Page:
Faculty of Humanities and Social Sciences

Language and Discourse Seminar Series

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Who this event is for

  • Everyone


JHB 202, John Henry Brookes Building , Headington Campus, Headington Campus, Gipsy Lane site


Why is discourse important to critical event studies? An emerging field with speaker Ian Lamond, Leeds Beckett University

Just as Tourism, under the gaze of John Urry and the philosophic practitioner guidance of John Tribe,
and Hospitality, under the maître d’ship of Peter Lugosi and Paul Lynch, are developing a critical
edge, so is the field of event studies and event management are maturing to be much more than an
area whose dominant focus is operational. Over the last 4 or 5 years the field has been evolving in
directions that reconfigure and widen it into something that both incorporates its past whilst hinting
at a much richer and diverse future. Recently this emerging incarnation has been tentatively labelled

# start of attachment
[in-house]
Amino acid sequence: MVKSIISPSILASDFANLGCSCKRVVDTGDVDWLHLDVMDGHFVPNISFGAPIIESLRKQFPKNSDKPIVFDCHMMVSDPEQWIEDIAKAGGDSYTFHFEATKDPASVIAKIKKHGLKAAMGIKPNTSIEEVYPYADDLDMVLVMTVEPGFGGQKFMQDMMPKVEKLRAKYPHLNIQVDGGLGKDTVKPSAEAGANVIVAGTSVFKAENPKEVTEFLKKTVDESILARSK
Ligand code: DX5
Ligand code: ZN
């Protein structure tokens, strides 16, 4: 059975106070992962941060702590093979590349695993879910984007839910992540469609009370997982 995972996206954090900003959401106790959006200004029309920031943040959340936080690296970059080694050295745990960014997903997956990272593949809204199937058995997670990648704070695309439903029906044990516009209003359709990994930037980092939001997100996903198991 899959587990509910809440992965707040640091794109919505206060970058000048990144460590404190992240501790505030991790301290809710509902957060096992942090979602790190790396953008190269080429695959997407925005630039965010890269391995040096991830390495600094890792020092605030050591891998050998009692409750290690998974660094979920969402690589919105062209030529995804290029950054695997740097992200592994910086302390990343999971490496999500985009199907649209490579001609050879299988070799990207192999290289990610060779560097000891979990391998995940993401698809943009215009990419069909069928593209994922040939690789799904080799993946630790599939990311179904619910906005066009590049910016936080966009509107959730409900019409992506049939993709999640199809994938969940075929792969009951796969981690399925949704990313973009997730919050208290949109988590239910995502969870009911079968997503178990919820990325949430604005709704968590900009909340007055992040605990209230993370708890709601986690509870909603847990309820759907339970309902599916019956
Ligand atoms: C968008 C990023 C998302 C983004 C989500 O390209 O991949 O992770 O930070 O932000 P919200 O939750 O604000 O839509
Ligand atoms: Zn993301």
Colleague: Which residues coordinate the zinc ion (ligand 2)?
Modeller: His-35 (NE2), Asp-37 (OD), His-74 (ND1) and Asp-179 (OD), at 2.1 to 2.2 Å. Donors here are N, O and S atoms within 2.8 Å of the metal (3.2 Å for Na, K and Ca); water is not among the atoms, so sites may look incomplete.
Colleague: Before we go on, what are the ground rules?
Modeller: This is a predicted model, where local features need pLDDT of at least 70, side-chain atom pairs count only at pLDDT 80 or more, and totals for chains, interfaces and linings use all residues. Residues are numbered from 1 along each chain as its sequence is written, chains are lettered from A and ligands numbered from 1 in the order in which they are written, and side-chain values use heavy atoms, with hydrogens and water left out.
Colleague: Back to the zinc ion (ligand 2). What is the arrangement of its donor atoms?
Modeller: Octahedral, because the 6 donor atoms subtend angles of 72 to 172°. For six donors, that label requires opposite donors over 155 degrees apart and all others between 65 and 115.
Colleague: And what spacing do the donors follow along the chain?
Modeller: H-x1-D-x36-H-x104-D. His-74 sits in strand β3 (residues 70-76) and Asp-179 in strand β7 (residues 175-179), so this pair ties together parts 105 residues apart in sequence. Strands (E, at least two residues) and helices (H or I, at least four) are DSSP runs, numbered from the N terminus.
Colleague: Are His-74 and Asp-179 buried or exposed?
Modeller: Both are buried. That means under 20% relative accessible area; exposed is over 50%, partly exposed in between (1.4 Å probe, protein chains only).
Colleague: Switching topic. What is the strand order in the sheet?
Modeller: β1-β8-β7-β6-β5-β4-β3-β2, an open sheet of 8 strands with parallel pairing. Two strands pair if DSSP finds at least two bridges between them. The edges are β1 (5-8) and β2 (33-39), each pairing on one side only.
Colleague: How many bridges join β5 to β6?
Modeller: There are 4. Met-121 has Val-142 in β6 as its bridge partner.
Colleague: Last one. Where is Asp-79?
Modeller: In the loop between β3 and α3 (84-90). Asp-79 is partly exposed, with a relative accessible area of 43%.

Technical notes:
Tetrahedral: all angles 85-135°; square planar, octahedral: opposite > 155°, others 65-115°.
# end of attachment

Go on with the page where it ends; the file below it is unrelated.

critical event studies, but that title still requires work to clarify and ground what it means. In this
paper I will draw from my own journey through philosophy and political sociology to an interest in
adopting a critical orientation to the study of events, outlining what that currently means to me and
the centrality of grounding the field in a critical approach to discourse as social practice. I will argue
that grounding a critical approach to the study of events in this way is not only significant for event
studies connection to mainstream events management education, its traditional ‘stomping ground’,
or the commonly associated areas of critical tourism and critical hospitality studies, but also to the
wider social sciences and humanities.